A Study of Repetitiveness of Code Changes in Software Evolution

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Abstract

In this paper, we present a study of repetitiveness of code changes in software evolution. Repetitiveness is defined as the ratio of repeated changes over total changes. Focusing on fine-grained code changes, we model a change as a pair of old and new AST sub-trees within a method. A change is considered repeated within or cross-project if it matches another change having occurred in the history of the project or another project, respectively. We report the following important findings. First, repetitiveness of changes could be as high as 70-100% at small sizes and decreases exponentially as size increases. Second, repetitiveness is higher and more stable in cross-project setting than in within-project one. Third, fixing changes repeat similarly to general changes. Importantly, learning code changes and recommending them in software evolution is beneficial with accuracy for top-1 recommendation of over 30% and top-3 of nearly 35%. Repeated fixing changes could also be useful for automatic program repair.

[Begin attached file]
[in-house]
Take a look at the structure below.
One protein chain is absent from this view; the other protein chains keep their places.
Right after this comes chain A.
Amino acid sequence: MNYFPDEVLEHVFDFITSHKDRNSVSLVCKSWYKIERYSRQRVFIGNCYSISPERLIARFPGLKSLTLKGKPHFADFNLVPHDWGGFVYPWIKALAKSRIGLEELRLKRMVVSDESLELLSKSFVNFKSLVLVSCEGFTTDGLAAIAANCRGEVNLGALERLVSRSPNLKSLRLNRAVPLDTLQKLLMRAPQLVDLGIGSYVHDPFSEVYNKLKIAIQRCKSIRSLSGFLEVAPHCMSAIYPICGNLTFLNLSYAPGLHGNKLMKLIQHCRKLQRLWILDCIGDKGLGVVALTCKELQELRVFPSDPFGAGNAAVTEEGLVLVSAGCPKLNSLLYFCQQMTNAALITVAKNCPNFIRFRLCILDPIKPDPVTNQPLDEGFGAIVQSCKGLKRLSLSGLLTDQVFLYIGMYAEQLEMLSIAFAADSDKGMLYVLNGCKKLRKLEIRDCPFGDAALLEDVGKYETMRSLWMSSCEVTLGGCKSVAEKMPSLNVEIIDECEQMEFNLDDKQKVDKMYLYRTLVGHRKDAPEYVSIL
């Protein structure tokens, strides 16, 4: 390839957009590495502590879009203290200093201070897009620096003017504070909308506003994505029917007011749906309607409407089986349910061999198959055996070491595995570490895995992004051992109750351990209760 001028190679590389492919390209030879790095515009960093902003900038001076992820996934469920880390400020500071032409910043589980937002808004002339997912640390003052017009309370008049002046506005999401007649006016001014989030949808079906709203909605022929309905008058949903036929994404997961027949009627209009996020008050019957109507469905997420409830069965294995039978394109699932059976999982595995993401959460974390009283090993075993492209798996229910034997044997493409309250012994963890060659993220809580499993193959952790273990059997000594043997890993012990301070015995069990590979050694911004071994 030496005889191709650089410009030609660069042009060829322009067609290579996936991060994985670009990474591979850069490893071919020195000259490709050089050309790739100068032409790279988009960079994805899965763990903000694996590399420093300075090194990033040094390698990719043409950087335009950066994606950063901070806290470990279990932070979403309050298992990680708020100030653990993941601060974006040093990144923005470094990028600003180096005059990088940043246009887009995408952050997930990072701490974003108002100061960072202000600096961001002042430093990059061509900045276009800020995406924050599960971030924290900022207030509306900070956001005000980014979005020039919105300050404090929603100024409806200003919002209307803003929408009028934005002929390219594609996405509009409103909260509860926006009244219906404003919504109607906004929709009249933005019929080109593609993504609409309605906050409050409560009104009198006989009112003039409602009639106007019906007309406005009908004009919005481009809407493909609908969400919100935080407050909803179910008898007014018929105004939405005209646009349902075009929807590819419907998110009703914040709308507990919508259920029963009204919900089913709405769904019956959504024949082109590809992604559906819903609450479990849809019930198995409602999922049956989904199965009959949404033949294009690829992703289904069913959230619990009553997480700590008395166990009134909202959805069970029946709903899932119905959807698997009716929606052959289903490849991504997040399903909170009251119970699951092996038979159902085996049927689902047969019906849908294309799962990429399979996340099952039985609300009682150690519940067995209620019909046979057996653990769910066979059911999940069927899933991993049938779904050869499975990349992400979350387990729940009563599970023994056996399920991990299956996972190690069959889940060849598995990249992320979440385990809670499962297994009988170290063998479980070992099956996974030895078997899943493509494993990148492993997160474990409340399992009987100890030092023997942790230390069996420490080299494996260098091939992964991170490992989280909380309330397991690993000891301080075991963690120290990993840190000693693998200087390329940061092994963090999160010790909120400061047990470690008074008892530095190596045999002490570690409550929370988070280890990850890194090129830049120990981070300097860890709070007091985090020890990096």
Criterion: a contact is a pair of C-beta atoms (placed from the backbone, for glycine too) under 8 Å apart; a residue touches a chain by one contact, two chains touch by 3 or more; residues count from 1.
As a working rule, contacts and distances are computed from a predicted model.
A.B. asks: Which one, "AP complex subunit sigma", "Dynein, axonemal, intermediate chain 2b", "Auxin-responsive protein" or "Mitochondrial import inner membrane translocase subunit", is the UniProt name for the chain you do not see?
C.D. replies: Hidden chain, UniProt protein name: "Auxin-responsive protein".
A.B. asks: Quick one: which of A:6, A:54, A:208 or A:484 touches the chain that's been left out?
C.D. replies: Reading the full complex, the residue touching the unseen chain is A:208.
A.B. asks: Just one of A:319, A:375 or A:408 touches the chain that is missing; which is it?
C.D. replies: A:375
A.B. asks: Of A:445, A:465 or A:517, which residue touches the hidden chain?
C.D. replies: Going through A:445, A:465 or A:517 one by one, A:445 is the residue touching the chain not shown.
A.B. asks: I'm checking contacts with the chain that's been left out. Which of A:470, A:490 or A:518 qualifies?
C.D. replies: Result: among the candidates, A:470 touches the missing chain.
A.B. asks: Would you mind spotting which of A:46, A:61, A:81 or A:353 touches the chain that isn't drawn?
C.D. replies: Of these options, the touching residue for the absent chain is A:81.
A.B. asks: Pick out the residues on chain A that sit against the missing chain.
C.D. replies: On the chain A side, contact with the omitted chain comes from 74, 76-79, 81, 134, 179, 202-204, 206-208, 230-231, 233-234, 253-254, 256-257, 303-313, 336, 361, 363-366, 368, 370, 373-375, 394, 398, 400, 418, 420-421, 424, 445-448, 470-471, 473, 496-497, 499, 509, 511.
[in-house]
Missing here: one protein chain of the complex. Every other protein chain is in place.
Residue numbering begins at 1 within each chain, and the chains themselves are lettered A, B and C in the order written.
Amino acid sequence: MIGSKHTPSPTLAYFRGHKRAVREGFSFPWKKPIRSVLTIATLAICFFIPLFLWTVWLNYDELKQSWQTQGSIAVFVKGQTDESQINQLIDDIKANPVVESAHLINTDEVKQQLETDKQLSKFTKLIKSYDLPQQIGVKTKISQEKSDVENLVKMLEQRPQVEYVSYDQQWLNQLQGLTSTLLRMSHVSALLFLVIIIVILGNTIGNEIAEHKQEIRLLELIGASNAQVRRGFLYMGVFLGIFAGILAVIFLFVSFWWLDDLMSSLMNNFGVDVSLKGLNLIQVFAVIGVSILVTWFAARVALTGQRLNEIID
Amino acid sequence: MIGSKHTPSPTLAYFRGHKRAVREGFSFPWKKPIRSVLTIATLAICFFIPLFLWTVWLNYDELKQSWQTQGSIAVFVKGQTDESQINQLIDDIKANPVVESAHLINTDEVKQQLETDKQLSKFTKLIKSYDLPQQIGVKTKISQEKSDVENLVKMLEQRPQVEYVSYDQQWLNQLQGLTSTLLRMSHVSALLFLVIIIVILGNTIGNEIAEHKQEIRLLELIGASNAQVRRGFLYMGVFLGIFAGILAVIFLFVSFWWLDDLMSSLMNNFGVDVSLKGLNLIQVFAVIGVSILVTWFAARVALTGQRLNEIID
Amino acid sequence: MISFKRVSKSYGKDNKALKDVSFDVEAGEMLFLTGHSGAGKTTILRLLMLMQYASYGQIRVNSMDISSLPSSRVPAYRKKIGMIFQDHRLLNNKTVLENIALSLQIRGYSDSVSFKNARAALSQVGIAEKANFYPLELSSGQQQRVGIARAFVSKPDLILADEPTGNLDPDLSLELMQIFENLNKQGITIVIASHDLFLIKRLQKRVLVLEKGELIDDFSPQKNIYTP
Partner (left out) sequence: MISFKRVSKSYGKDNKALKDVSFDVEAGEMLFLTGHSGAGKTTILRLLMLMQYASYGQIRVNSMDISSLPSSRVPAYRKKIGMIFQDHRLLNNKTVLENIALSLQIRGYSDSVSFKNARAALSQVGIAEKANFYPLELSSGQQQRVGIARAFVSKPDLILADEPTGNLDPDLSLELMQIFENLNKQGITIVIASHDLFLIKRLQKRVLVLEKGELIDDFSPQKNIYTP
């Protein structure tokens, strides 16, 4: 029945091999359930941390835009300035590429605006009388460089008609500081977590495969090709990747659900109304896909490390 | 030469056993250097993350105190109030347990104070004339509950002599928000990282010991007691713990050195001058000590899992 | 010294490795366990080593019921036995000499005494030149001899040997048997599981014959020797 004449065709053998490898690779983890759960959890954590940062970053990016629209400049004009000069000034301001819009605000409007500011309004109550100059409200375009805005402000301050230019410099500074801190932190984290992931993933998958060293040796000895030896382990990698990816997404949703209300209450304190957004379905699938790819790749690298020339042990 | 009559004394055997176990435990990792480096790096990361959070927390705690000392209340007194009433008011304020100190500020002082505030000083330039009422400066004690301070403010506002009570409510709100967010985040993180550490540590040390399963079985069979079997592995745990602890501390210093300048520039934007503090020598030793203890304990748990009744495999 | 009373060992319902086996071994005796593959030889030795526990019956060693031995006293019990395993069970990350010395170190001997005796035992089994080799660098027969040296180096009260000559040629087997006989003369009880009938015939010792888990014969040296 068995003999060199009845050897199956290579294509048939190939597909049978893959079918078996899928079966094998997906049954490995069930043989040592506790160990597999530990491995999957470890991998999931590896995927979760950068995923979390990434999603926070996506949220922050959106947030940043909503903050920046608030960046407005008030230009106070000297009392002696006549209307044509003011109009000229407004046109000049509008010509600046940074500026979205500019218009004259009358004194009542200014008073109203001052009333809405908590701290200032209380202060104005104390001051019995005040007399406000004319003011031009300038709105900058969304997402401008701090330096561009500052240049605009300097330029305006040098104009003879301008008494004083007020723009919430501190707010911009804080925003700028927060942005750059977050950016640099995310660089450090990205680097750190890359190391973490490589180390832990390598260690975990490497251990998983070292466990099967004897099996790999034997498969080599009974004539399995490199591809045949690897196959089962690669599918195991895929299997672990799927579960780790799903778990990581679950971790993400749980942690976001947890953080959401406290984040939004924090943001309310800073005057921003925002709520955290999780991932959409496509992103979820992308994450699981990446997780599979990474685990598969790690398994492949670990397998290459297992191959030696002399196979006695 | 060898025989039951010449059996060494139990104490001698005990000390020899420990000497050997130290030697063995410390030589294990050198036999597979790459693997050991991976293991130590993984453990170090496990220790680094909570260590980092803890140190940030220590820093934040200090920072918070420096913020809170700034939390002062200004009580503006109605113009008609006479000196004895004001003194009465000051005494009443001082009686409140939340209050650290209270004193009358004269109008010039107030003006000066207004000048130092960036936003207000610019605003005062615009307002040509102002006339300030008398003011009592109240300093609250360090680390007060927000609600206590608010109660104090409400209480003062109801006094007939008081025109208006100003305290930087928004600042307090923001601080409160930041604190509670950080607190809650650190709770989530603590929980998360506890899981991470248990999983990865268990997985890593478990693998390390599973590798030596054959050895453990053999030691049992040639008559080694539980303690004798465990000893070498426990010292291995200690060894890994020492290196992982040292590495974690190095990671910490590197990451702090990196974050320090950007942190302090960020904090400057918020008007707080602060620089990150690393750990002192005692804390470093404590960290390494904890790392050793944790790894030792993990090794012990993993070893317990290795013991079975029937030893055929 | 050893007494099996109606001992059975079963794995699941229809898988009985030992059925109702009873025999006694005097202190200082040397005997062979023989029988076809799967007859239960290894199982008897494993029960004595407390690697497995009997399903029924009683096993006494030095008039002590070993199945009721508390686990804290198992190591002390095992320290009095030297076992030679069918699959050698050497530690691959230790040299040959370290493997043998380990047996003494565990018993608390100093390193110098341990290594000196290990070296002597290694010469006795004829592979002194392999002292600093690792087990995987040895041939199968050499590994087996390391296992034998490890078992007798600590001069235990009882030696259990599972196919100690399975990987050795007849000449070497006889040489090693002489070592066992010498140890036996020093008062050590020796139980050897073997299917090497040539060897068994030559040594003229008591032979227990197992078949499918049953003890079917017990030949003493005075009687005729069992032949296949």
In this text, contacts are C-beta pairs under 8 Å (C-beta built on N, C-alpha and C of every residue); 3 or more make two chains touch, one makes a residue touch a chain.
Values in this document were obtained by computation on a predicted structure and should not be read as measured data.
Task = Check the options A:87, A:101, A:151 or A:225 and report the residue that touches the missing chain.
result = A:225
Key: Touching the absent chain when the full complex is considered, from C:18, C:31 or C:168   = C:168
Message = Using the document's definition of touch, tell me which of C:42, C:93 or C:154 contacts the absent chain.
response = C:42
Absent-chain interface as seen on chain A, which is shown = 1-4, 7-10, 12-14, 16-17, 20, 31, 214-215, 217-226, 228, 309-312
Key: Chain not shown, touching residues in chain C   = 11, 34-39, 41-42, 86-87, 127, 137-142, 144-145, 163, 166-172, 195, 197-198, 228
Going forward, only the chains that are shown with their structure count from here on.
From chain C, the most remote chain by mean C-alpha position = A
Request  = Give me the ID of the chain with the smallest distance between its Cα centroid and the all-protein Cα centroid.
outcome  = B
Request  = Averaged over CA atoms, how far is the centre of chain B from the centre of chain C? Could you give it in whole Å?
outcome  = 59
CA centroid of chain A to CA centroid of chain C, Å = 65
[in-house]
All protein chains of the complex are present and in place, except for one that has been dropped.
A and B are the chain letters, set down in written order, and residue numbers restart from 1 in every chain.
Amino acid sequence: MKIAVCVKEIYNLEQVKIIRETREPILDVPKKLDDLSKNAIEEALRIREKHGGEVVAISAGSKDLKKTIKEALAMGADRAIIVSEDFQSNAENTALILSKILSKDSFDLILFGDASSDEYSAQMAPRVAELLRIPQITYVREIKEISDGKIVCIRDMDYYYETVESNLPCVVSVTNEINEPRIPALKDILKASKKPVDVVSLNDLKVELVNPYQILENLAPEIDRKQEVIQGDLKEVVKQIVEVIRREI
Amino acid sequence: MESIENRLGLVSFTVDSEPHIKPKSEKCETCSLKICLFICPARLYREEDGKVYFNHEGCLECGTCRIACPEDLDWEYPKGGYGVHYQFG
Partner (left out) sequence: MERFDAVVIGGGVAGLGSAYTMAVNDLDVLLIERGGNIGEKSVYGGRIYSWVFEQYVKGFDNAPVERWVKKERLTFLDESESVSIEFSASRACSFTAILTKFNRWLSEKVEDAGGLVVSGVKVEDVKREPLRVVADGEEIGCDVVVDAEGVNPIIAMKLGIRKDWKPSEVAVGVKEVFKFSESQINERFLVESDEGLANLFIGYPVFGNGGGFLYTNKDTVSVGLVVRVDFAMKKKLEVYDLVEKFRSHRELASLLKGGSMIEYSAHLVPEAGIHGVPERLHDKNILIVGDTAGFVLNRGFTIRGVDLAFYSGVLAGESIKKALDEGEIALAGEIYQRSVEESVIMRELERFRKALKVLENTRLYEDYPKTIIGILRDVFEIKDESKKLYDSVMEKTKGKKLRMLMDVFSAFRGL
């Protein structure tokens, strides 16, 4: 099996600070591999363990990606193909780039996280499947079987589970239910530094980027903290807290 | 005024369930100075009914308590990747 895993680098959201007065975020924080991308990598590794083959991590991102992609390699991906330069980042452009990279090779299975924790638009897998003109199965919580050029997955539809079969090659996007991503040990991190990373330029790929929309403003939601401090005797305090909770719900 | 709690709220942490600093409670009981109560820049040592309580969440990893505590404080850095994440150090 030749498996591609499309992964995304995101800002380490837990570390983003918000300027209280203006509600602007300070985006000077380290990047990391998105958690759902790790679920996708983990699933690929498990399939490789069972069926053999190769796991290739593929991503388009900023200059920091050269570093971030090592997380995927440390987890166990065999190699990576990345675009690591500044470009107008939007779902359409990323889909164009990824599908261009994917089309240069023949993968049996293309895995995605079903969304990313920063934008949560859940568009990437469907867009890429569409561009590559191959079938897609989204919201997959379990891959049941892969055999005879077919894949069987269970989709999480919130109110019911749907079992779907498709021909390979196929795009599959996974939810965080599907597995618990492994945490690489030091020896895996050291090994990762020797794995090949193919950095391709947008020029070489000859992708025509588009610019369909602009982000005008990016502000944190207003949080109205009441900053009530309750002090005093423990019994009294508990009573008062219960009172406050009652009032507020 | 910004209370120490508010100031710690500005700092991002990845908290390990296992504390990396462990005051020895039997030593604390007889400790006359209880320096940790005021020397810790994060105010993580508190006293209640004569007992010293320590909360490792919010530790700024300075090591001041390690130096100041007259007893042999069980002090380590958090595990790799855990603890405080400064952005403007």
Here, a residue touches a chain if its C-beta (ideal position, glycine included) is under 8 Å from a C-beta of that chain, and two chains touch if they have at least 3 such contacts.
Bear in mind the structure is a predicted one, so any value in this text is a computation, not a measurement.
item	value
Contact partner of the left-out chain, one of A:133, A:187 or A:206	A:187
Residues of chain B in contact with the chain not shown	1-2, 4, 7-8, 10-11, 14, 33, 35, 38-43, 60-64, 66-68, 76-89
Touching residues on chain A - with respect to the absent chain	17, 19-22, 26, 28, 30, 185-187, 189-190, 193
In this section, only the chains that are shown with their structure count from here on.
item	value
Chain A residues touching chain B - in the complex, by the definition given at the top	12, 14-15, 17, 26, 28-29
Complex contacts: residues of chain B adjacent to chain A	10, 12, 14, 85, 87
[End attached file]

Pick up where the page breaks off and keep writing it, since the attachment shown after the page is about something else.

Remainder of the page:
Bib Info


@inproceedings{Nguyen-etal-13,
  author = {Hoan Anh Nguyen and Anh Tuan Nguyen and Tung Thanh Nguyen and Tien N. Nguyen and Hridesh Rajan},
  title = {A Study of Repetitiveness of Code Changes in Software Evolution},
  booktitle = {Proceedings of the 28th International Conference on Automated Software Engineering},
  series = {ASE},
  year = {2013},
  location = {Silicon Valley, CA},
}